Updated: Jan 11, 2022
The Cumbre Vieja is an active volcanic ridge on the island of La Palma in the Canary Islands, Spain. It reaches a height of 1,949 m above sea level at the vent of La Deseada. The spine of Cumbre Vieja trends in an approximate north–south direction, and covers the southern half of La Palma, with both summit ridge and flanks pockmarked by over a dozen craters.
Since about 125,000 years ago (~125 ka), all subaerial eruptions on La Palma have been associated with the Cumbre Vieja, with eruptions ranging over the whole 25-kilometre-long ridge. Submarine surveys show that the Cumbre Vieja continues south of Punta de Fuencaliente (the "Point of the Hot Source"), but no volcanic activity connected with the submarine extension has yet been observed.
Cumbre Vieja, meaning 'Old Summit', is in fact older than its younger counterpart Cumbre Nueva, which in turn means 'New Summit.' This paradox is owed to the fact that in mainland Spain, rugged mountain ranges with sharper summits—such as the Cantabrian Mountains—were traditionally referred to as 'new', whereas softer, eroded landscapes—such as the Galician Massif—were referred to as 'old'. While this naming system is geologicaly accurate in mainland Spain, it has lead to an incoherent interpretation in the Canary Islands. Due to orographic similarity and not because of their geological genesis, the older, rugged mountain ridges of La Palma—the Caldera de Taburiente and Cumbre Nueva—were considered to be new, and the softer mountain ranges pockmarked by recent volcano eruptions—Cumbre Vieja—were considered to be old.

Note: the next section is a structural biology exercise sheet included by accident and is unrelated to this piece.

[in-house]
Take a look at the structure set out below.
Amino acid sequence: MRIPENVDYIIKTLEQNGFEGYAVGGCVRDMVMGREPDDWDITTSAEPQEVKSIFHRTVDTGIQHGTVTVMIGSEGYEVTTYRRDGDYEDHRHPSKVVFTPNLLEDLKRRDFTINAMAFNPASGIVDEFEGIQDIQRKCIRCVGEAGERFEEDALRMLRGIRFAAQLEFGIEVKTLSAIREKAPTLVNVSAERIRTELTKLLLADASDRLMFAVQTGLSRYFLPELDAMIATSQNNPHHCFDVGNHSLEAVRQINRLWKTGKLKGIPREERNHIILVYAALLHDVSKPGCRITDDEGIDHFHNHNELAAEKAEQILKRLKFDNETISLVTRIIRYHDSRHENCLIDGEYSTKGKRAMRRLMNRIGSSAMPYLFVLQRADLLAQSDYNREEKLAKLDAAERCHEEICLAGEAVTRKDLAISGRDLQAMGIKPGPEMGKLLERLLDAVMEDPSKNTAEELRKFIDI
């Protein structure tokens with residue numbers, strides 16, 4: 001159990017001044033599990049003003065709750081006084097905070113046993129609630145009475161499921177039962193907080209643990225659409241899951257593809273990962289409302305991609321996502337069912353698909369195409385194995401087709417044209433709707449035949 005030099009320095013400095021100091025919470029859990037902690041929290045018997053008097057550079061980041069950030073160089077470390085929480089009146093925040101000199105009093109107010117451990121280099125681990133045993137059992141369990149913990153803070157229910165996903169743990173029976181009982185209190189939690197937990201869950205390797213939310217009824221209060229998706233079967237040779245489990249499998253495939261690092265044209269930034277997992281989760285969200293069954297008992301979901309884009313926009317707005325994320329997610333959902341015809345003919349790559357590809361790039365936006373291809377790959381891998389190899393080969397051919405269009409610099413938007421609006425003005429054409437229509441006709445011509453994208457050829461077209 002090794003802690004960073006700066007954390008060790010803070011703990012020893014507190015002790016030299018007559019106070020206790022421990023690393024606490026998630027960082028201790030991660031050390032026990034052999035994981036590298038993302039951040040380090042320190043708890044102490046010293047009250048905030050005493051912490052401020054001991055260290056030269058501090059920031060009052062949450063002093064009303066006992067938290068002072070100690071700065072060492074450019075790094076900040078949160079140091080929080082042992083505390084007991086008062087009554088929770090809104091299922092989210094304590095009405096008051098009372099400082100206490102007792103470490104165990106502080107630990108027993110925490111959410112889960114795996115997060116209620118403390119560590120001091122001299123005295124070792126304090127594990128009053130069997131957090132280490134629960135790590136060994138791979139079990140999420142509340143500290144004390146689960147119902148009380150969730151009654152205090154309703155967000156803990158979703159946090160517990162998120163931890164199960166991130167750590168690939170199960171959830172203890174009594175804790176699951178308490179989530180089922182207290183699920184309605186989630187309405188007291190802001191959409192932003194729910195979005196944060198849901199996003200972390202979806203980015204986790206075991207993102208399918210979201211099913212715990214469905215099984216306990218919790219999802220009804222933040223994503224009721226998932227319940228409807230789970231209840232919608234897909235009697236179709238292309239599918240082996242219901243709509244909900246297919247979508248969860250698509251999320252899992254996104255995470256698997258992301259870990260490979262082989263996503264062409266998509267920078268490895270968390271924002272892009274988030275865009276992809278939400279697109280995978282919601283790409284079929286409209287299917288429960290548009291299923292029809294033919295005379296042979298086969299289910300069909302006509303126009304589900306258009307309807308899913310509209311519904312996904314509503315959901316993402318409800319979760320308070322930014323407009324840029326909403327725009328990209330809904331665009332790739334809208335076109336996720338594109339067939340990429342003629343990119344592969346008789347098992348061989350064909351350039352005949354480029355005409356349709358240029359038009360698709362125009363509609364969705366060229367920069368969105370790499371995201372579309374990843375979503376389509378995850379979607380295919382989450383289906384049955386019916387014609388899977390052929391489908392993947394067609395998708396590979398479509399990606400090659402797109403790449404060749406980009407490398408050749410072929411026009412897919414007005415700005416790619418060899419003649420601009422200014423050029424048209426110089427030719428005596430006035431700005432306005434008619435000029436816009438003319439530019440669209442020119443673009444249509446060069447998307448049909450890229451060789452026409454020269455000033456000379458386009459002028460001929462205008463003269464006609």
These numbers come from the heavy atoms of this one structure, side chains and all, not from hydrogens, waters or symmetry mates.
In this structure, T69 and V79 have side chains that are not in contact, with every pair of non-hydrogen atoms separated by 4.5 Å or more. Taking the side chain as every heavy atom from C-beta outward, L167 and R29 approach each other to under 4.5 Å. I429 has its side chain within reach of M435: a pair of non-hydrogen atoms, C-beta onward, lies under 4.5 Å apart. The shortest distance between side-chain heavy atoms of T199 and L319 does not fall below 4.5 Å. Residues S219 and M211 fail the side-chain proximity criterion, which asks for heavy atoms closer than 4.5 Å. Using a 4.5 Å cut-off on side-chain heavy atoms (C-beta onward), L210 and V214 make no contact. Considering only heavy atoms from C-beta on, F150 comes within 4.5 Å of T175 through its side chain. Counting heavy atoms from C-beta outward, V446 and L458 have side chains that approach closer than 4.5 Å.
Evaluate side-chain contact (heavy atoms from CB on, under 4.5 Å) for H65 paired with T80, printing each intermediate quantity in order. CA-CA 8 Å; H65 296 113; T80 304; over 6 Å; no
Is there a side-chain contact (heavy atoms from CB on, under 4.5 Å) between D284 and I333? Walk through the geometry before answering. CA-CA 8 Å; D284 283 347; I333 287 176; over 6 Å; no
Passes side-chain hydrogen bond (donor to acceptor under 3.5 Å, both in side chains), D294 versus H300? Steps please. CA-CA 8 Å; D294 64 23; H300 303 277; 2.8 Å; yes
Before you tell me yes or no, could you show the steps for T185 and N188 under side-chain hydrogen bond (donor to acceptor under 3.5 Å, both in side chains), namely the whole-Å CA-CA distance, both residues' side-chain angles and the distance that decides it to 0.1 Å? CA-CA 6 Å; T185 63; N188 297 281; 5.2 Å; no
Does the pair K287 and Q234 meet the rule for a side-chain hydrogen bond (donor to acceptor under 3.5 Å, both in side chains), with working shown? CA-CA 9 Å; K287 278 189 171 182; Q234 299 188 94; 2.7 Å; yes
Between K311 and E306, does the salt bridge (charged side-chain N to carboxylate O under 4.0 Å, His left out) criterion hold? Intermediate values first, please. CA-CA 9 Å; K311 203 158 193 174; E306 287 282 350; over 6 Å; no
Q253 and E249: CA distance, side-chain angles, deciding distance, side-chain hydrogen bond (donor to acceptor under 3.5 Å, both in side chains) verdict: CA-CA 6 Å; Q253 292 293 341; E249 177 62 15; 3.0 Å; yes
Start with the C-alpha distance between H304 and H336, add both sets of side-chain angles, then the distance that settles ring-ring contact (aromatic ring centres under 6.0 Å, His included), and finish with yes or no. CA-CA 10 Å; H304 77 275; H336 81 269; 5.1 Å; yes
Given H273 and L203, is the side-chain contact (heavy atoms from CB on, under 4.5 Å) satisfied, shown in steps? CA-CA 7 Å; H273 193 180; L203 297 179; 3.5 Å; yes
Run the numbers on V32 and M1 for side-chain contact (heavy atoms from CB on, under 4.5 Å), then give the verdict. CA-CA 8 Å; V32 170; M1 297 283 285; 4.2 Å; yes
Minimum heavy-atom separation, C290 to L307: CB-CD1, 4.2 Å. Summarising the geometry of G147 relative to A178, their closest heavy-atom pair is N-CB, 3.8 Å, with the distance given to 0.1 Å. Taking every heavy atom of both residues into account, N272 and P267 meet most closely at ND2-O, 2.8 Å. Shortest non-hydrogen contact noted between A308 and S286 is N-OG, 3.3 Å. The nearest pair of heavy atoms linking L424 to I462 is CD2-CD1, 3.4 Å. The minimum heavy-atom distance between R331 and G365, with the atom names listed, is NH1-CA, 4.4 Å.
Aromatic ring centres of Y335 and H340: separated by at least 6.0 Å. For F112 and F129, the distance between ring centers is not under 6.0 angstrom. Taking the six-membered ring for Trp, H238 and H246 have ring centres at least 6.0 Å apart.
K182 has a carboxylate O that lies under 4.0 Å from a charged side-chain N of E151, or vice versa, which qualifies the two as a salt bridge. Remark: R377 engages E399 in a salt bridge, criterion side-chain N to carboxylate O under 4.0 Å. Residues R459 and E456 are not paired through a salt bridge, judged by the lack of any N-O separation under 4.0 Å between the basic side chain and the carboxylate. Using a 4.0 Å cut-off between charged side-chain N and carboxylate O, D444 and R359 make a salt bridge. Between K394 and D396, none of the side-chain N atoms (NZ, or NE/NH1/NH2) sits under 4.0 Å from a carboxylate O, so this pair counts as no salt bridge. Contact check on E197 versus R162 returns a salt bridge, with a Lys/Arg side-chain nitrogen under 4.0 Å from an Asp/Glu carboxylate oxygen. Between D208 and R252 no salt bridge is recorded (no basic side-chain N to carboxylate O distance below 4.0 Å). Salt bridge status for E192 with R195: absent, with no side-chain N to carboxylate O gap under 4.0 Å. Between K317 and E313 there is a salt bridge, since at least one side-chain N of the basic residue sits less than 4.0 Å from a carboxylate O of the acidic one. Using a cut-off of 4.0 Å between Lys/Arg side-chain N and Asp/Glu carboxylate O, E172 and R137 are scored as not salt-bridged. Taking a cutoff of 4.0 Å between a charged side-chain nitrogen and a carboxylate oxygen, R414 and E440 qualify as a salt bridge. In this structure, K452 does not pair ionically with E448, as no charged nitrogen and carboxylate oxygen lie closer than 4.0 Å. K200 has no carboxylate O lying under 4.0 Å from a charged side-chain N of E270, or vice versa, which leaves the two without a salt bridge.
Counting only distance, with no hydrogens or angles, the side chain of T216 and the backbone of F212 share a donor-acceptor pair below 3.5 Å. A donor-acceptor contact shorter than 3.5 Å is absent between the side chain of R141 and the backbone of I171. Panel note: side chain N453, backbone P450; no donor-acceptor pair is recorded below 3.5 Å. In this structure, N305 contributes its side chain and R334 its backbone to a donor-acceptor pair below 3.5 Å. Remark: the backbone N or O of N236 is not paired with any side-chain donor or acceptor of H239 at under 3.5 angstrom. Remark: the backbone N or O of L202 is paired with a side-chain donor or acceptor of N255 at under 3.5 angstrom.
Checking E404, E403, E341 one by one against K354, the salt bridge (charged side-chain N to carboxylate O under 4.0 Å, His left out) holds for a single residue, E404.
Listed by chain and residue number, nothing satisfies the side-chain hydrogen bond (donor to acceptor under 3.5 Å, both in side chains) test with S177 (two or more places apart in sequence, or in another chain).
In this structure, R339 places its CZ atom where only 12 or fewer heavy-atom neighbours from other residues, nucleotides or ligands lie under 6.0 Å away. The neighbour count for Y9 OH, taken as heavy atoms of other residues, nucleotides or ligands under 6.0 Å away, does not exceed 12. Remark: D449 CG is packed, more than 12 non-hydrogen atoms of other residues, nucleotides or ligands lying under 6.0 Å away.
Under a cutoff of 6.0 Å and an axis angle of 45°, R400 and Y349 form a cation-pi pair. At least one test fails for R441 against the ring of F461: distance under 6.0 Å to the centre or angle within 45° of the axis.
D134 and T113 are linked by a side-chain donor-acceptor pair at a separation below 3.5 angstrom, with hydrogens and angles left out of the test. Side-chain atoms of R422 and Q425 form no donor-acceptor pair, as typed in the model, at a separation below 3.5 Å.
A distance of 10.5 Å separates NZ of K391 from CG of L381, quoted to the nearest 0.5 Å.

Eruptions in the last 7,000 years have originated from abundant cinder cones and craters along the axis of Cumbre Vieja, producing fissure-fed lava flows gushing abruptly to the sea.
~125 ka: Formation of the volcanic ridge of Cumbre Vieja.
6,050 BCE ± 1,500: Eruption.
4,900 BCE ± 50: Eruption.
4,050 BCE ± 3000: Eruption of l'Amendrita and Birigoyo.
1,320 BCE ± 100: Eruption of La Fajana.
360 BCE ± 50: Eruption of El Fraile.
900 CE ± 100: Eruption of Nambroque II-Malforada.
Subhistorical and historical eruptions
From the first contacts of the European navigators who first visited the Canary Islands around the 15th century, 18 eruptions have occurred, of which 7 took place on La Palma. They mostly produced light explosive activity and lava flows that damaged the populated areas. On every occasion, alcaline basaltic lavas were emitted: true basalts, ankaramites and/or basanitoids. A differentiation process always took place in the magma chamber and a sequence from amphibole to olivine-bearing lavas was erupted. These variations of the chemistry and mineralogy of the lavas were related to the different stages of the eruption and the height over sea level where the corresponding eruptive vents opened. The duration of these historic eruptions ranges between 1 and 3 months, and the area covered with lava and pyroclasts is 39 km², 5.5% of the total surface of the island.